(This is Tuesday Tales, where we highlight folklores and personal stories from indigenous peoples from all across Borneo. These are stories shared with us. We strive to edit it to the best of our capabilities for your enjoyment. We welcome your feedback at email@example.com)
The Legend of Bukit Jepak
Origin: Va’ie Segan community, Bintulu
As told by: Haji Killy Bin Pilok
Translated by: Kairulnieza Bin Wainie (Bahasa Melayu), Adrian Jo Milang (English)
Edited by: Juvita Tatan Wan
Sketch by: Loretta Livan Milang
Centuries ago, the Va’ie Segan community resided at the mouth of the Sungai Sebezaw and Qaqeb river. They lived off the forest, river and the sea.
Some were fishermen, prawn and crab catchers along the Sungai Bintulu streams. Some collect rattan, wild fruits and hunt for animals. Then there were some that would sail to sea who were known as Panaw and Damar sailors. They lived peacefully and with great livelihood from all they have in their surroundings.
As told by the villagers, there was a small cave just above Bukit Jepak (Jepak Hill) where a giant centipede lived. It was deeply feared by the villagers then. It was said this giant centipede would go out at night to look for food, especially along Jepak foothill and along Sungai Bintulu.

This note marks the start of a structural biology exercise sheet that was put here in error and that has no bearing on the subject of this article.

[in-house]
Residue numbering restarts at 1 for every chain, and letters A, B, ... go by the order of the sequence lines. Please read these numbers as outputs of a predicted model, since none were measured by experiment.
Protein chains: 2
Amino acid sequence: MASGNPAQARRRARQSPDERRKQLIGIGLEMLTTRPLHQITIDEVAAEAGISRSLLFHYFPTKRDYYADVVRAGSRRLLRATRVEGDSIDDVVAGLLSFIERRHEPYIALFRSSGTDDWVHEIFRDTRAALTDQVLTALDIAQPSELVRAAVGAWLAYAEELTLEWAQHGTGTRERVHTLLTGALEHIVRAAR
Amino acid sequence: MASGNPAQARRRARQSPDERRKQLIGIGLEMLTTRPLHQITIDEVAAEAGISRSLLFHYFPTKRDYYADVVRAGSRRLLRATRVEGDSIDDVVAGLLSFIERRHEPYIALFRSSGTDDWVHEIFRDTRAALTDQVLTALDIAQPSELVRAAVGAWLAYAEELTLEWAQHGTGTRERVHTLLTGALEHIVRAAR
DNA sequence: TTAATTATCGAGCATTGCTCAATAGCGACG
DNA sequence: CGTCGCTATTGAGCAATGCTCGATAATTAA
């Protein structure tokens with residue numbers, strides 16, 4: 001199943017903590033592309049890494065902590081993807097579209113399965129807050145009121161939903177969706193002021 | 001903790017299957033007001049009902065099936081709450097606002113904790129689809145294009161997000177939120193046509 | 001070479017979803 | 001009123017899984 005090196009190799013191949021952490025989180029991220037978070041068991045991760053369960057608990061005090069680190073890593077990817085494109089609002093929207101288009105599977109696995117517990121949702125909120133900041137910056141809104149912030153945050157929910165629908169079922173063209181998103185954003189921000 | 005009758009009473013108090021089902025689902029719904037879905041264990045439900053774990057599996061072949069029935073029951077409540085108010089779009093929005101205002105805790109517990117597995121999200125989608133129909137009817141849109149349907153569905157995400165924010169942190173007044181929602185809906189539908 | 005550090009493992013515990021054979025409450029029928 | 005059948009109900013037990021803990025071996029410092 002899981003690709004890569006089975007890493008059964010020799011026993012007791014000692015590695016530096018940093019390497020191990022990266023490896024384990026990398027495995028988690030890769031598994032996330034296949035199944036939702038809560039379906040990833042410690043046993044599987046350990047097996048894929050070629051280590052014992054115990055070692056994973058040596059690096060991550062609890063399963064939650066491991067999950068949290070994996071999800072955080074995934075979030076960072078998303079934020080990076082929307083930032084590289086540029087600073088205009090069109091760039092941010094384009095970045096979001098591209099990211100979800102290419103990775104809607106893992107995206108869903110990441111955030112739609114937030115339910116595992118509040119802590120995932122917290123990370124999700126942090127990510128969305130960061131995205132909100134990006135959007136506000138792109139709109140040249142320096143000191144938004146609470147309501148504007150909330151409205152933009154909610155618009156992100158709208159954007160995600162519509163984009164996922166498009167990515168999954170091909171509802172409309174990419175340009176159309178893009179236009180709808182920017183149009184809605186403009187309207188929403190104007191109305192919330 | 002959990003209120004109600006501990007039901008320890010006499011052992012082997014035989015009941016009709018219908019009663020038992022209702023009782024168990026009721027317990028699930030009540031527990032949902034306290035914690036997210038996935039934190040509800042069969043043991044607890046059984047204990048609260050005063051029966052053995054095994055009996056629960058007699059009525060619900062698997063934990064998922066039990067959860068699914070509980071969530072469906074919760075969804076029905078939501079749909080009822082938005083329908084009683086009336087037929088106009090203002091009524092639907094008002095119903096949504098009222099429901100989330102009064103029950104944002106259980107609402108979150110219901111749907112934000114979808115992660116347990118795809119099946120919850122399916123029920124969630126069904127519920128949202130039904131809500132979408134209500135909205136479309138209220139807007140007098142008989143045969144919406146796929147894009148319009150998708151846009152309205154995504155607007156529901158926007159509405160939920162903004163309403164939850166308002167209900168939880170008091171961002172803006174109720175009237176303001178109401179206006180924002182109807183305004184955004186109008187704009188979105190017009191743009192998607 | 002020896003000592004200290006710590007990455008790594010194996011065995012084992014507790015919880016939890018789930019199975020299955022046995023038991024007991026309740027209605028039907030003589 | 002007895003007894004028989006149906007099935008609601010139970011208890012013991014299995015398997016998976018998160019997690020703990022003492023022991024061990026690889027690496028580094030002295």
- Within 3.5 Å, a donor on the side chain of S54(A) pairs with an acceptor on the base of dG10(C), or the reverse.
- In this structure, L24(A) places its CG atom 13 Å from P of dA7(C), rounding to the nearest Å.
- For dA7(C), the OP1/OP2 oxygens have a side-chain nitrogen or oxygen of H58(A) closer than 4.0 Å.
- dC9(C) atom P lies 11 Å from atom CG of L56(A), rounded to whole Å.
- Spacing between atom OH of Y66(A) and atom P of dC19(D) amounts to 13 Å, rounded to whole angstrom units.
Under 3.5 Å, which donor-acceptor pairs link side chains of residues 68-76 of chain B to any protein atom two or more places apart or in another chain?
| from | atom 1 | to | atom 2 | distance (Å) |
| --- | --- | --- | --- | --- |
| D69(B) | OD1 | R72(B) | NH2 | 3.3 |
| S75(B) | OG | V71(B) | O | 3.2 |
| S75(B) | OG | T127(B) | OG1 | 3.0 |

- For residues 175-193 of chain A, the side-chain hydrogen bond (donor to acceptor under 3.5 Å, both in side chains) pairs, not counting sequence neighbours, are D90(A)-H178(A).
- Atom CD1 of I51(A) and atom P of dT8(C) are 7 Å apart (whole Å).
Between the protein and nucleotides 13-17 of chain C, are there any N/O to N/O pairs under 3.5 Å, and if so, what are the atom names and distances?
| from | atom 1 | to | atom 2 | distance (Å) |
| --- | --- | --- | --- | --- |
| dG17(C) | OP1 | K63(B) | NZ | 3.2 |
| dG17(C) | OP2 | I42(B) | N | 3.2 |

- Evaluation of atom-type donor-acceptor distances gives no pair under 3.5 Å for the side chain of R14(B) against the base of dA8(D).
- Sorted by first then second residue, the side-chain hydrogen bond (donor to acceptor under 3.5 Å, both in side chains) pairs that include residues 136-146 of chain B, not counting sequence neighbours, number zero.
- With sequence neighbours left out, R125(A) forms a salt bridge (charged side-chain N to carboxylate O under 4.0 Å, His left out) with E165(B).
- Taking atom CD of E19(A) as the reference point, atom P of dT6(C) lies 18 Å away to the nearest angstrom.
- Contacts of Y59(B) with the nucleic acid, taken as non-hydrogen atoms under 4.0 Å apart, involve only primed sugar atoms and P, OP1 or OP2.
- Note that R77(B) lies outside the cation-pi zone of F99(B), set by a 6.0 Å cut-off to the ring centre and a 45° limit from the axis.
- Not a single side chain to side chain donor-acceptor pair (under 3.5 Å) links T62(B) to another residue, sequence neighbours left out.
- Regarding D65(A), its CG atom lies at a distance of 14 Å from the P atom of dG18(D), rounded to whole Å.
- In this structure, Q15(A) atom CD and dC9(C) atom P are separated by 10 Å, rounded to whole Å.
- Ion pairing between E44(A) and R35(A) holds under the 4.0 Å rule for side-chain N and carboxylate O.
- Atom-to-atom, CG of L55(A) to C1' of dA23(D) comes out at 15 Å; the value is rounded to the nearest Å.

Soon enough, the existence of this centipede became the talk of the town, as there were no other explanations of how some of the villagers’ disappeared, only to have their bodies found the next day in the most gruesome and gory state.
Days went by, and the frightening occurrence kept on happening. The villagers suspected it was the work of this giant centipede.
The villagers were uneasy as some of them had allegedly seen the centipede wrapping itself on a tree, with its colours clearly shown.
Because of that, whenever they row their boat, they would stroke their oars along their boat loudly in order to scare the centipede away.
One day, a young villager was catching prawns with casting nets around the river near Bukit Jepak. He was catching so much prawns that he didn’t realised it was dusk. He didn’t hear the sounds of leaves and grass being dragged by something not far from him.
Out of nowhere, the massive centipede started its journey towards his boat. The young villager was shocked and cast his net away and jumped into the river and flipped his boat upside down. He hid himself beneath the boat.
The monstrous centipede wrapped itself around the boat with it’s sharp claws.
The young villager remembered that he had tujik qazan (knife) around his waist, so he started to look for a gap on the boat (seq alod).
He thrusted his knife into the centipede’s stomach through a tiny hole and the creature started to struggle and wriggle in agony as its blood spilt into the river. Soon enough, the centipede died and was drifted along with the river.
The young villager started swimming to the river bank. There were apparently others who watched the ordeal but were too afraid to help him.
Until today, the brave act of this young person and the giant centipede is still told. Some called it qeqipan banyok or qeqipan bara, among other names given by the Va’ie people.
To this day, the truth of the story remains a mystery.